• Folate (Folic Acid): helps in red blood cell production, DNA synthesis, and fetal growth and development.
  • Iron: aids in proper transportation of oxygen within bloodstreams. Its deficiency can lead to anemia and adversely affect the growth and development of the fetus and placenta.
  • Vitamin D: enables cell division, bone health, and balanced immune function. An adequate intake will reduce the risk of cesarean delivery, gestational diabetes and other complications associated with deficiency of Vitamins.
  • Magnesium: is a mineral that has been proven to prevent hypertension during pregnancy. It’s necessary for effective high immune, and proper functioning of muscles and nerves.
  • Fish oil: Is highly important for an unborn baby. It contains DHA and EPA which are two fatty acids highly necessary for fetal brain development. It also reduces depression attributed to maternity.
  • Fluids: One piece of advice your healthcare provider will repeat to you is staying hydrated. It’s important to take plenty of fluids during pregnancy, especially water. It helps prevent constipation and dehydration. We recommend grabbing a reusable water bottle and keeping it with you everywhere you go.

4. Get Enough Rest

The importance of rest for healthy delivery cannot be overemphasized. Avoid  lifting heavy equipment and activities that strain the body. Try to avoid stress. Stress is a major cause of high blood pressure.

Stress can lead to premature delivery (born within 37 weeks of pregnancy) or delivery of low-birthweight baby (weighing less than 5.5 pounds).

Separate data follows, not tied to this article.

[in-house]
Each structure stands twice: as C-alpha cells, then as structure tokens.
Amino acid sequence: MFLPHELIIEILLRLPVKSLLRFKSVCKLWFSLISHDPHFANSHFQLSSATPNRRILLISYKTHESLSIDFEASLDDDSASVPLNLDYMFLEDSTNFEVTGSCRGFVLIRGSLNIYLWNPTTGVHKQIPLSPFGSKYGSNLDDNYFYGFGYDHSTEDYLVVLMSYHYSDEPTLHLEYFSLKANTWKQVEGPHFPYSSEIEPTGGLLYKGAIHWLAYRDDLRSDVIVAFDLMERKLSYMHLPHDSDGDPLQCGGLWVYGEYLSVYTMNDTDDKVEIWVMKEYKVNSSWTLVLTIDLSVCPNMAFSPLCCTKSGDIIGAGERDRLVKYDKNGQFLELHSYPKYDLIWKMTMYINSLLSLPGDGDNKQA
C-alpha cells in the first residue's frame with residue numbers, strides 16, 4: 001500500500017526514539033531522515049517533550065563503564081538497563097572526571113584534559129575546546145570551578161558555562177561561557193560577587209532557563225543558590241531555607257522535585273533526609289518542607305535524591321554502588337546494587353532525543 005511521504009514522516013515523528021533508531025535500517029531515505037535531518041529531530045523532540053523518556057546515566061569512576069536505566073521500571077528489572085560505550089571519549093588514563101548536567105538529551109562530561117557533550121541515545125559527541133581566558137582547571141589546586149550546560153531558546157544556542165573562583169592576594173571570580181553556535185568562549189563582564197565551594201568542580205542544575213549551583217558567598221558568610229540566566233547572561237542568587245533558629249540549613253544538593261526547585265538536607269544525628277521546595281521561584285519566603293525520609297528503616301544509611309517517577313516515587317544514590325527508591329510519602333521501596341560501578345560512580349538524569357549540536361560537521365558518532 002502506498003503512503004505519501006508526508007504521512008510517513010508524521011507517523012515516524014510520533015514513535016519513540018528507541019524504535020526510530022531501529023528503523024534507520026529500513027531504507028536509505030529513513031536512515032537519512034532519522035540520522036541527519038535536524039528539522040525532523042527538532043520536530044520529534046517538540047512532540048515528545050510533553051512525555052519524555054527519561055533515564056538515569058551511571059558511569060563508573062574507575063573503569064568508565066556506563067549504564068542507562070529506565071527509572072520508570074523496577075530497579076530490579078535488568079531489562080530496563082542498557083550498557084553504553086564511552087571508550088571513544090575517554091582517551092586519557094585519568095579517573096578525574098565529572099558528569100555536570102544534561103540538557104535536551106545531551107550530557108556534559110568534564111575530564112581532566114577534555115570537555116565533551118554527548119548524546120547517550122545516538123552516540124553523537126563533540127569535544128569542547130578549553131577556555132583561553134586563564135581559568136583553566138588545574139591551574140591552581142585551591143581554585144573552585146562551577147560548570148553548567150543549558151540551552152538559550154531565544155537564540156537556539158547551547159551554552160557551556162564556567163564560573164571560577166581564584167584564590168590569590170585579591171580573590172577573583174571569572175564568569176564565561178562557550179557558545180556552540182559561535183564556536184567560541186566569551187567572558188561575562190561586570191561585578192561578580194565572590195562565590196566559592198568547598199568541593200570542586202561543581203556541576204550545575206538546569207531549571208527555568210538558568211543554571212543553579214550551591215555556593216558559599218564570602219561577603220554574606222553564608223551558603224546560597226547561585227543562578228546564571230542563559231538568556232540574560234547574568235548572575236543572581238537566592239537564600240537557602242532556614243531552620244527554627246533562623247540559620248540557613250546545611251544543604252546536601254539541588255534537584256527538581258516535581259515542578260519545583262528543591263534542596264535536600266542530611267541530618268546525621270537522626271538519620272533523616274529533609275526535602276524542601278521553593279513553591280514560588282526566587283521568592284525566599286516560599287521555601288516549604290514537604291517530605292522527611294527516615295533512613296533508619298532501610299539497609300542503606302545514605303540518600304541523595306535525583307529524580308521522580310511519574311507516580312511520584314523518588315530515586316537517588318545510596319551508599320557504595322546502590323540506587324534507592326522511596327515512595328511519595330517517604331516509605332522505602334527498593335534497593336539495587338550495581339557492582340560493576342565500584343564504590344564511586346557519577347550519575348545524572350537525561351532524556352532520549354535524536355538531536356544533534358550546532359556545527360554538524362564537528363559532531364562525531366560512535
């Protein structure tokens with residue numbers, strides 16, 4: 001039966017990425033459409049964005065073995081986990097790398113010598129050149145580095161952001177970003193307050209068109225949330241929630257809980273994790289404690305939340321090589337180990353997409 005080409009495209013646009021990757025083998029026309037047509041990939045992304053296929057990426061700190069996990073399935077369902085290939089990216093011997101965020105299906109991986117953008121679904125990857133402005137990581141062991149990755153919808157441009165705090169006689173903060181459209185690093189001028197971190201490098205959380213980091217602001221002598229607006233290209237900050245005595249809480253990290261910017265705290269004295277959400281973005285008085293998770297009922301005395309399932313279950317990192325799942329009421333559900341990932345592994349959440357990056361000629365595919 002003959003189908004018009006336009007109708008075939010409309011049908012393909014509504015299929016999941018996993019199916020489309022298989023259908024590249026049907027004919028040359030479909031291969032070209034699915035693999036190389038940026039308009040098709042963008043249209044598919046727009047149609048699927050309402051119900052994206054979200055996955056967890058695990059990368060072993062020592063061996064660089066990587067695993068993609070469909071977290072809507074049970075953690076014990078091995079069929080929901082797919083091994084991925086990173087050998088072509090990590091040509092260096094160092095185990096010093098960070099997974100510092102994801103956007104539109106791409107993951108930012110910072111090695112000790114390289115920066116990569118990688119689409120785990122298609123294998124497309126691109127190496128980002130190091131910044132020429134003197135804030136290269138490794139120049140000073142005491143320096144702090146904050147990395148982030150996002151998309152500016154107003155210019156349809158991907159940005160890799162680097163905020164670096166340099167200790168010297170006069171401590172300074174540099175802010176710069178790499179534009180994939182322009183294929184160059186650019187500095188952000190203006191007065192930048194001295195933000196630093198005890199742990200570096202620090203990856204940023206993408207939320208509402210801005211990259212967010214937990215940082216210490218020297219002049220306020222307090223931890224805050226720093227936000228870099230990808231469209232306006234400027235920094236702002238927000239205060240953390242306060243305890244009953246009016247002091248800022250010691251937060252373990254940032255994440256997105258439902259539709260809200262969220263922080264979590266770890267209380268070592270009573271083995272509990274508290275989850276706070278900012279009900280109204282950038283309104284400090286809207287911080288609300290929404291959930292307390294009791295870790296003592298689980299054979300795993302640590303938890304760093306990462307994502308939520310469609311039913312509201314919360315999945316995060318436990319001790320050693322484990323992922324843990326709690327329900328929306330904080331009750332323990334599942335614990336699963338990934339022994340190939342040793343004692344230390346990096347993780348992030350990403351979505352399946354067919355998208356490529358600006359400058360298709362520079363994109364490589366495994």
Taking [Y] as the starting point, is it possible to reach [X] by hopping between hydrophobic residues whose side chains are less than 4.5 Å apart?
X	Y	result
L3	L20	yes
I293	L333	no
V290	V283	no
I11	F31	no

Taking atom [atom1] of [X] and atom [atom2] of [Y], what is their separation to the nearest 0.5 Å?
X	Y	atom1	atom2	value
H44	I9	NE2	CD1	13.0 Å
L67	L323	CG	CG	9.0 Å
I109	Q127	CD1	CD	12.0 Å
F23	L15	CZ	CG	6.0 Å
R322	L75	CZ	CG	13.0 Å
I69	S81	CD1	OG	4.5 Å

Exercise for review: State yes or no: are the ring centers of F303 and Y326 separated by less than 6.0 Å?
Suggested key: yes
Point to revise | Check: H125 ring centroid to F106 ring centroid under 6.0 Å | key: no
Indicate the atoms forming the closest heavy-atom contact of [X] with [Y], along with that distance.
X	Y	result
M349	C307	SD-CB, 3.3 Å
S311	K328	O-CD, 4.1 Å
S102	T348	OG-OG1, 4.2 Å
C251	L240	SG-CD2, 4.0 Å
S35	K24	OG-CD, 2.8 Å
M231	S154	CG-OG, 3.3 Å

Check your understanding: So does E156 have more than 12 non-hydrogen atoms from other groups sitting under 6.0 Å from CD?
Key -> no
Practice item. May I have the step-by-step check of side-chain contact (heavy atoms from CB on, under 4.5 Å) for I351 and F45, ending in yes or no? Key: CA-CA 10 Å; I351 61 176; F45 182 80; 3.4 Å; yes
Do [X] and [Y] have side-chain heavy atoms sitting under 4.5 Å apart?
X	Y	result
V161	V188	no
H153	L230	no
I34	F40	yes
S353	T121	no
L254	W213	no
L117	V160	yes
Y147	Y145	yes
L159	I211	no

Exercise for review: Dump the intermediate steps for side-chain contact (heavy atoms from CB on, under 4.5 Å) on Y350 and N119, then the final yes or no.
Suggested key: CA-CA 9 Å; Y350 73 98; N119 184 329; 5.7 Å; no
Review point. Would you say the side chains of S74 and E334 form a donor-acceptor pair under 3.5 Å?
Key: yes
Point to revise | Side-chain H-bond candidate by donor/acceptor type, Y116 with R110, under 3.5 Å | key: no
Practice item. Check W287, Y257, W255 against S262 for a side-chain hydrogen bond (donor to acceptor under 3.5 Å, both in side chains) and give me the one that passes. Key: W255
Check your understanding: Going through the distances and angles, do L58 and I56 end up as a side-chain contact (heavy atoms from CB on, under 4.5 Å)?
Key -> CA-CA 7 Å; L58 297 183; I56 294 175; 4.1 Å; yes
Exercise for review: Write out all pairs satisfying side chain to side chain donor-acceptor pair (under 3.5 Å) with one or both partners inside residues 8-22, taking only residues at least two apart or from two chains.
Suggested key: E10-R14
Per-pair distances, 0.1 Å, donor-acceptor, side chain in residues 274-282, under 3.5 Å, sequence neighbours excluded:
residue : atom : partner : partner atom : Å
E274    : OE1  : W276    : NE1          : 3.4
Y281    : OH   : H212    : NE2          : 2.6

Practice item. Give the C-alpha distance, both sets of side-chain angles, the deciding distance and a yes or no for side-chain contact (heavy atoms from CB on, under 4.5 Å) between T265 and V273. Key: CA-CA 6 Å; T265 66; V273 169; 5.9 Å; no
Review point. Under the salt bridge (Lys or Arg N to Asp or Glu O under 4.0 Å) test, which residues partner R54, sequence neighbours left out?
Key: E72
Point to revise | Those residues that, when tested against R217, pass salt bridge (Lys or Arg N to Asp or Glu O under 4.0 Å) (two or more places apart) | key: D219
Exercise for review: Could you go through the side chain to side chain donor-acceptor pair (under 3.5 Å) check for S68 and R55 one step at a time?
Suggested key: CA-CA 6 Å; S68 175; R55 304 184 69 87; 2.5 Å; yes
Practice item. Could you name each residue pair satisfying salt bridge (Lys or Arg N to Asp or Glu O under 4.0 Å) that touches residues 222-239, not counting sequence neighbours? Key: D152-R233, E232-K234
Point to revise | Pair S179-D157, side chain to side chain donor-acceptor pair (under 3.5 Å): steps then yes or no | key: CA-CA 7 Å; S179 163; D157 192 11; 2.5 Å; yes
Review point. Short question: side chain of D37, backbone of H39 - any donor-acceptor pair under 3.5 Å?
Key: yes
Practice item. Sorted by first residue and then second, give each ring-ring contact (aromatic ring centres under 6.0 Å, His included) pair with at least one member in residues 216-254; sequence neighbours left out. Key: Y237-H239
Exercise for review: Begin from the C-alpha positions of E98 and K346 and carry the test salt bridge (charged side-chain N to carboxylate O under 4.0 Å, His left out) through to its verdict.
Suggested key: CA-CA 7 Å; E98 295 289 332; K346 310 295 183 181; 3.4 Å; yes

For a healthy pregnancy, an average of 7 hours of sleep is recommended in addition to adequate relaxation. It’s not unusual to ask others to help out with little activities around. Ask your spouse or anyone to help out with some tedious chores.

Don’t go all superwoman — you need enough rest.

5. Exercise Regularly

Rest and exercise go together. To avoid a possible build-up of excessive fat especially around the abdomen, regular exercise is recommended.

Safe exercises such as swimming, brisk walking, yoga, indoor stationary cycling, low-impact aerobics, and squatting are so recommended. They help to prevent backaches, swelling, bloating, and constipation.

Juna has custom workouts that are safe for each trimester. If you download the Juna App, input your due date, you will find workouts that are tailored exactly to where you are in your pregnancy or postpartum journey.

Engaging in exercise improves your sleep, boosts your mood, and can help lessen recovery time after childbirth. Exercising keeps you fit and prepares you for the rigors of labor. An average of 30 minutes every day will do the magic.

(Disclaimer: Always clear any exercise with your OB first)

6. Ensure Proper Hygiene

Maintaining proper hygiene is just as important as having a proper diet. You’re not just protecting yourself, you’re protecting the life growing inside you. Good hygiene reduces the chances of infections. It’s an integral part of a healthy pregnancy.

7. Quit Alcohol and Smoking

This is kind of obvious mamas, but we have to say it – no booze or smokes.

If these pre-pregnancy habits continue, your unborn baby will be at a high risk of survival.

Continued alcohol intake often leads to Fetal Alcohol Spectrum Disorder (FASD).

At times, the effect only begins to manifest as the baby grows in age. FASD is known to cause severe learning abilities, abnormal facial features, and acute behavioral issues.

Smoking, on the other hand, is just as dangerous. Smoking cigarettes throughout pregnancy is one of the single most important avoidable causes of adverse pregnancy outcomes and it represents the first major environmental risk of the unborn. If compared with other risk factors in the perinatal period, exposure to tobacco smoke is considered to be amongst the most harmful and it is associated with high rates of long and short term morbidity and mortality for mother and child.